The High Court held in MBC v AM & Ors (DOL Orders for Children Under 16) [2021] EWHC 2472 (Fam) that it remained open to the High Court to authorise, under its inherent jurisdiction, the deprivation of liberty of a child under the age of 16 in ‘other arrangements’ such as unregulated accommodation notwithstanding the ban on placement of children under the age of 16 in such accommodation under the Care Planning, Placement and Case Review (England) (Amendment) Regulations 2021. The Court stressed the requirement for rigorous application of the President’s Guidance.

The High Court subsequently held (Derby CC v CK & Ors (Compliance with DOL Practice Guidance) (Rev1) [2021] EWHC 2931 (Fam)) that the court should not ordinarily countenance the exercise of its inherent jurisdiction where an unregistered placement makes clear that it will not or cannot comply with the requirement of the Practice Guidance to apply expeditiously for registration as mandated by law.

The High Court stated in the case of In the Matter of Child J [2020] EWHC 2395 (Fam).

'The secure accommodation procedures provide important protections for children confined in such institutions. In my judgment, a placement that does not provide those same protections should only be authorised when absolutely necessary. Sadly, at the current time when there is a significant gap between registered secure accommodation provision and registered secure accommodation need, unregistered placements are often absolutely necessary'.

In that case, the local authority applied under the inherent jurisdiction for leave to apply for an order depriving a 16 year old boy of his liberty because it was not able to apply under s 25 of the Children Act 1989 – the relevant criteria not being satisfied because the placement identified and proposed was an unregistered children's home. The boy was beyond parental control and due to his involvement with criminal activity and gang violence was at high risk of significant harm or even death. The order was granted, with the following restrictions being imposed:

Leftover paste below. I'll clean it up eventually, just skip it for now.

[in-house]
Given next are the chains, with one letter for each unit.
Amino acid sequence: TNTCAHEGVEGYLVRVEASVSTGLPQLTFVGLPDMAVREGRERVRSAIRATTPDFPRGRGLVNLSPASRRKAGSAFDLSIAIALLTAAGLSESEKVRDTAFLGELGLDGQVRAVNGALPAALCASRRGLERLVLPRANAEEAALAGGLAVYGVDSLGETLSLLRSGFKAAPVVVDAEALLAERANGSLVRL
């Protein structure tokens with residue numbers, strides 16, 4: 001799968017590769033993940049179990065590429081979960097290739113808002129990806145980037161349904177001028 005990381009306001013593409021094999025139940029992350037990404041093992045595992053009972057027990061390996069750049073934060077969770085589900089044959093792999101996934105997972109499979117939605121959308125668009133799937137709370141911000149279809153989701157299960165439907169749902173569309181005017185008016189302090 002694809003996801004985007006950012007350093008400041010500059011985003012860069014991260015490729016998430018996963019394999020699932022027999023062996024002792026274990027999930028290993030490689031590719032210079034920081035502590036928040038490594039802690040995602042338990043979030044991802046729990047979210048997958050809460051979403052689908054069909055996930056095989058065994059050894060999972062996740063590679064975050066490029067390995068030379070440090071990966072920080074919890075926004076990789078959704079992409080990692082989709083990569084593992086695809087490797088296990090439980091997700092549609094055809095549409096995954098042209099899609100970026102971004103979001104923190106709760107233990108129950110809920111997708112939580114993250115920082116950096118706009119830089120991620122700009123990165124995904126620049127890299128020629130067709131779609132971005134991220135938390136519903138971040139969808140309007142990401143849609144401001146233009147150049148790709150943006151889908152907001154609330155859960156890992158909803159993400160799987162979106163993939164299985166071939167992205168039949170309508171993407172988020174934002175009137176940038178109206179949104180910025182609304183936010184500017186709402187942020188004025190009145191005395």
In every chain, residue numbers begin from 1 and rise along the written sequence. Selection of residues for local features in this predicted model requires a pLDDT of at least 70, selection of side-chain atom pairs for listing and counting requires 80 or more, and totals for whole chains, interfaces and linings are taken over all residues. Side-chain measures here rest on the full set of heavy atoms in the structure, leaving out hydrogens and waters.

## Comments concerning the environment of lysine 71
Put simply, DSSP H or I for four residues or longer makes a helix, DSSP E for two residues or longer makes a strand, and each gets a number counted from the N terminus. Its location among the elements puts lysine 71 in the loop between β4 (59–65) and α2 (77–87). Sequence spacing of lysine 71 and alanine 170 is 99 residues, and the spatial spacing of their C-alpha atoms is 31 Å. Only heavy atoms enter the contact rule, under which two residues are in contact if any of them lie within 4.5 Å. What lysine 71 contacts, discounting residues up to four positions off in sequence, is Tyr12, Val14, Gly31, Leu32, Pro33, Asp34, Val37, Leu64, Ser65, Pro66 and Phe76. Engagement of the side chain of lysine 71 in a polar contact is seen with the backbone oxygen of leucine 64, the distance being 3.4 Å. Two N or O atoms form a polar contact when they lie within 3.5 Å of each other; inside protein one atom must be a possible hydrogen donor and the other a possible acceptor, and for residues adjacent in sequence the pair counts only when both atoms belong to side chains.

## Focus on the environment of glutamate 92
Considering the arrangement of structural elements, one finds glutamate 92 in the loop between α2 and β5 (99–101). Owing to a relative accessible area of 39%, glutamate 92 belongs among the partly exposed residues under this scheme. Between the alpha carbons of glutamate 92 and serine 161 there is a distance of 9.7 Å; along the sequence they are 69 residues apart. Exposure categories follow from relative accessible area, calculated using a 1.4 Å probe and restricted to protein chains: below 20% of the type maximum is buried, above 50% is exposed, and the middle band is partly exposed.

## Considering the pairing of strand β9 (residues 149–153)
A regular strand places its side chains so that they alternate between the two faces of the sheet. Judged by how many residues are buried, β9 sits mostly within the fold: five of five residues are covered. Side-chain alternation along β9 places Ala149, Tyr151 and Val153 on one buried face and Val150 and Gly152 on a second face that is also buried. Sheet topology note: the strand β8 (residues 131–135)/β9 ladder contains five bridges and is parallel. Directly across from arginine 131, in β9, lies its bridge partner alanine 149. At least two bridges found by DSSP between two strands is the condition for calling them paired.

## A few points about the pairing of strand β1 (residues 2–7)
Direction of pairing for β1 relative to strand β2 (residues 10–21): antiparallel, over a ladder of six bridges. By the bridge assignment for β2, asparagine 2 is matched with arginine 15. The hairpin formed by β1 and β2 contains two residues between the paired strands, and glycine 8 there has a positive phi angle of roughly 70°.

• Restrictions on the child's use of phone, internet and correspondence;
  • Restrictions on his use of windows and doors;
  • Not to be allowed to go out without permission and being accompanied by staff members from his placement and/or other professionals;
  • Two to one supervision;
  • Restraint to be used if required;
  • Not to be permitted to access social media without supervision;
  • Permission given for the doors of the property to be secured if deemed necessary for security reasons and to prevent him from leaving;
  • To have restricted access to personal allowance;
  • His possessions are to be searched and permission is granted to remove belongings, knives or makeshift weapons.

12. Removal from Secure Accommodation by Parents

It is important to note that the parents or person with parental responsibility for a young person accommodated under s20 (i.e. by voluntary agreement) may, at any time, remove her/him from secure accommodation whether or not the authority of the Court to restrict the young person's liberty has been obtained.

Similarly the power of young people over the age of 16, accommodated under s20, to discharge themselves from accommodation must be taken account of in planning for the young person.

In practice this means that if secure accommodation is required to meet the needs of an accommodated child then consideration will also have to be given to the issue of care proceedings.

13. Finding an Appropriate Placement

The Brokerage Team must be contacted as soon as the Operations Director of Specialist Services has given authority for an application to be made. The Brokerage Team service will be responsible for finding a bed, taking into account children subject to secure accommodation may only be placed in England or Wales.